Please use this identifier to cite or link to this item: https://hdl.handle.net/10356/106999
Title: Insights into the programmed ketoreduction of partially reducing polyketide synthases : stereo- and substrate-specificity of the ketoreductase domain
Authors: Soehano, Ishin
Yang, Lifeng
Ding, Feiqing
Sun, Huihua
Low, Zhen Jie
Liu, Xuewei
Liang, Zhao-Xun
Keywords: DRNTU::Science::Biological sciences::Molecular biology
Issue Date: 2012
Source: Soehano, I., Yang, L., Ding, F., Sun, H., Low, Z. J., Liu, X., et al. (2014). Insights into the programmed ketoreduction of partially reducing polyketide synthases : stereo- and substrate-specificity of the ketoreductase domain. Organic & biomolecular chemistry, 12(42), 8542-8549.
Series/Report no.: Organic & biomolecular chemistry
Abstract: One of the hallmarks of iterative polyketide synthases (PKSs) is the programming mechanism which is essential for the generation of structurally diverse polyketide products. In partially reducing iterative PKSs (PR-PKSs), the programming mechanism is mainly dictated by the ketoreductase (KR) domain. The KR domain contributes to the programming of PR-PKSs through selective reduction of polyketide intermediates. How the KR domain achieves the selective ketoreduction remains to be fully understood. In this study, we found that the KR domain of the (R)-mellein-synthesizing PR-PKS SACE5532 functions as a B-type KR domain to generate (R)-hydroxyl functionalities. Comparative studies of the KR domains of SACE5532 and NcsB suggested that the two KR domains have distinct substrate preferences towards simple N-acetylcysteamine thioester (SNAC) substrates. We further found that the substrate preference of KRSACE5532 can be switched by swapping several motifs with KRNcsB, and that swapping of the same motifs in the full length SACE5532 resulted in a reprogramming of the PKS. Together, the results advance our understanding of the programming of iterative PR-PKSs by providing new support to the hypothesis that the programmed ketoreduction is accomplished by differential recognition of polyketide intermediates.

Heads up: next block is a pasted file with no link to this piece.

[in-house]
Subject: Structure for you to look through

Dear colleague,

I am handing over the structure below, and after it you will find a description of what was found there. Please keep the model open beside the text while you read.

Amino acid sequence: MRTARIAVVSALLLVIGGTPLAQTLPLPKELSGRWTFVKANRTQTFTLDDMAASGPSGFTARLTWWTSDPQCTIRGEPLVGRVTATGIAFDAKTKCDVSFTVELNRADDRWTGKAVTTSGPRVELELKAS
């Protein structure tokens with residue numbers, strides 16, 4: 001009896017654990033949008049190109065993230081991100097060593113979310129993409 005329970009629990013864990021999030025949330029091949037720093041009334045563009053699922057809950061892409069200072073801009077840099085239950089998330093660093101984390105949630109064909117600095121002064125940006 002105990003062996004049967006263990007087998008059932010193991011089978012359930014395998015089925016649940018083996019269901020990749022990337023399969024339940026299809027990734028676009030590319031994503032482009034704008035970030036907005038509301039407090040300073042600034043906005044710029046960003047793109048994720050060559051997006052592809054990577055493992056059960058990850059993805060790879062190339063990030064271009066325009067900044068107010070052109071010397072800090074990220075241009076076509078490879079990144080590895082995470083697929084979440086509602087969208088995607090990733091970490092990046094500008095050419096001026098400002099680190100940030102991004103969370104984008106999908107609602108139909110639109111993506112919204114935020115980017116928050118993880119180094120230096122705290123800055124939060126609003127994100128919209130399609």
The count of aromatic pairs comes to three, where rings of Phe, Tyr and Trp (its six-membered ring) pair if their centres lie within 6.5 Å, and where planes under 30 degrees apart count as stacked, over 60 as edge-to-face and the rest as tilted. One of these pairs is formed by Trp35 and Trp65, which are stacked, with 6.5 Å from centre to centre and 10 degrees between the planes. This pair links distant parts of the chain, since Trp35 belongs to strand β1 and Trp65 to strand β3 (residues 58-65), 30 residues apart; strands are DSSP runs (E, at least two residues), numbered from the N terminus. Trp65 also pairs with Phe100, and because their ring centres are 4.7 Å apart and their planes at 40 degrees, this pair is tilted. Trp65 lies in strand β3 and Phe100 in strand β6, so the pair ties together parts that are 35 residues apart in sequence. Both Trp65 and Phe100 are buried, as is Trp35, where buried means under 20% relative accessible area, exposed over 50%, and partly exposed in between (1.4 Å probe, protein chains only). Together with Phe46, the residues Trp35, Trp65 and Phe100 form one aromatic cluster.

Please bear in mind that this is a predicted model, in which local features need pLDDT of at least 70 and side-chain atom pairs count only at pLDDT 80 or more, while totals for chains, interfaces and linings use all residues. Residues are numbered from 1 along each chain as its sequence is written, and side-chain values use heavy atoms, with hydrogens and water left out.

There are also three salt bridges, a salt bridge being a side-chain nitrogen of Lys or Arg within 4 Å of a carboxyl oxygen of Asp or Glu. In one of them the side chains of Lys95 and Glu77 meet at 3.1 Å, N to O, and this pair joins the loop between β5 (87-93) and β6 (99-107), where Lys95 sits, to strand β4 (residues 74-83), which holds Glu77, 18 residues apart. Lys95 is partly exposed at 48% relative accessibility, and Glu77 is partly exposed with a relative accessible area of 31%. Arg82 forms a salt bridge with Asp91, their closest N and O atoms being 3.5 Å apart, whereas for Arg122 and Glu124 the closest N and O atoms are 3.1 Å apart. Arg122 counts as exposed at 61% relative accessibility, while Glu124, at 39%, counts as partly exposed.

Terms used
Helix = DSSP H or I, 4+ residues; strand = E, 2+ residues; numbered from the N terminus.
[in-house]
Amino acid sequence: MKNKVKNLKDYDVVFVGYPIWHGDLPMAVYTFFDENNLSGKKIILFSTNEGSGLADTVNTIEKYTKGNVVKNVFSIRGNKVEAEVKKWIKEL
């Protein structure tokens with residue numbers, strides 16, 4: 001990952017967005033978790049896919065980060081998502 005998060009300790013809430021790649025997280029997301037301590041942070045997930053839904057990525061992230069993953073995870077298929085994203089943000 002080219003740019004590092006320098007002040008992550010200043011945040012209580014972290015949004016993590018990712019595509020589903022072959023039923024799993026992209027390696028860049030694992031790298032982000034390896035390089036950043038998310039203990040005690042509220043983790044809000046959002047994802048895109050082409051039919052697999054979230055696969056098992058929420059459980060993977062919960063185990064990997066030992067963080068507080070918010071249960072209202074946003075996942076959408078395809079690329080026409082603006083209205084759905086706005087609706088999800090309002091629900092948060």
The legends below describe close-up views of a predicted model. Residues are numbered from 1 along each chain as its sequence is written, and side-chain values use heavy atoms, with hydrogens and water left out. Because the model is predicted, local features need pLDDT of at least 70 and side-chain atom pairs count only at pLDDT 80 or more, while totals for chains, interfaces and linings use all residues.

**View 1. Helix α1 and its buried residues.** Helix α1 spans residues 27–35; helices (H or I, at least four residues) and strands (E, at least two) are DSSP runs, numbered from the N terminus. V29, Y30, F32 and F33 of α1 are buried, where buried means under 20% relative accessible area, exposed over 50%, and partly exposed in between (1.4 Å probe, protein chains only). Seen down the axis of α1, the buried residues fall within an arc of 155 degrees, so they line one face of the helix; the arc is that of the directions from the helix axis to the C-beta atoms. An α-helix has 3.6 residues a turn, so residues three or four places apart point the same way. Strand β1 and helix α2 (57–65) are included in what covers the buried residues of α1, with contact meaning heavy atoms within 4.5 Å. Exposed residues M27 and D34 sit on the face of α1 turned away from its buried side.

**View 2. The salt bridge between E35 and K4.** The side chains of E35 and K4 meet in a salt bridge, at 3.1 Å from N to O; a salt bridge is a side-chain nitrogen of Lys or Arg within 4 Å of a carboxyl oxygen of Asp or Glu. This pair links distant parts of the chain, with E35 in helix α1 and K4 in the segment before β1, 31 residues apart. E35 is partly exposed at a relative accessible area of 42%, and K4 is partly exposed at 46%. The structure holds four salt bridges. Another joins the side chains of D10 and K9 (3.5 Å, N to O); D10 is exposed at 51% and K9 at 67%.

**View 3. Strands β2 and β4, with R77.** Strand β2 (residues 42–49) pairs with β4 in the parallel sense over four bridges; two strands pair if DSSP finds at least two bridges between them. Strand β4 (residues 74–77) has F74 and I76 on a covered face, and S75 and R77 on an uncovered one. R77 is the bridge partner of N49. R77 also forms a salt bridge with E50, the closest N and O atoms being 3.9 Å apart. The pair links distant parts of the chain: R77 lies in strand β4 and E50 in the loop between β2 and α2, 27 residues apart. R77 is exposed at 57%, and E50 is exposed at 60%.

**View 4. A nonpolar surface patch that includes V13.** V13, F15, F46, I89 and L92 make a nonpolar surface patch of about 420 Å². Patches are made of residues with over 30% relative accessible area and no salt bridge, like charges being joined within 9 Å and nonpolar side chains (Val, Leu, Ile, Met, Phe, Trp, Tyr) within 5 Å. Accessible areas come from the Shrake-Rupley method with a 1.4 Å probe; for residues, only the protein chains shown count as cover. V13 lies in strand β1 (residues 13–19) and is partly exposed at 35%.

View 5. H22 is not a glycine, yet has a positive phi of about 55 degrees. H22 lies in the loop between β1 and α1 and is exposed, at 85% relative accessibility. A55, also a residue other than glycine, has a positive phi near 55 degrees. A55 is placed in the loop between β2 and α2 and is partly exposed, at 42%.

URI: https://hdl.handle.net/10356/106999
http://hdl.handle.net/10220/25227
DOI: 10.1039/C4OB01777C
Rights: © 2012 The Royal Society of Chemistry. This is the author created version of a work that has been peer reviewed and accepted for publication by Organic & Biomolecular Chemistry, The Royal Society of Chemistry. It incorporates referee’s comments but changes resulting from the publishing process, such as copyediting, structural formatting, may not be reflected in this document. The published version is available at: [http://dx.doi.org/10.1039/C4OB01777C].
Fulltext Permission: open
Fulltext Availability: With Fulltext
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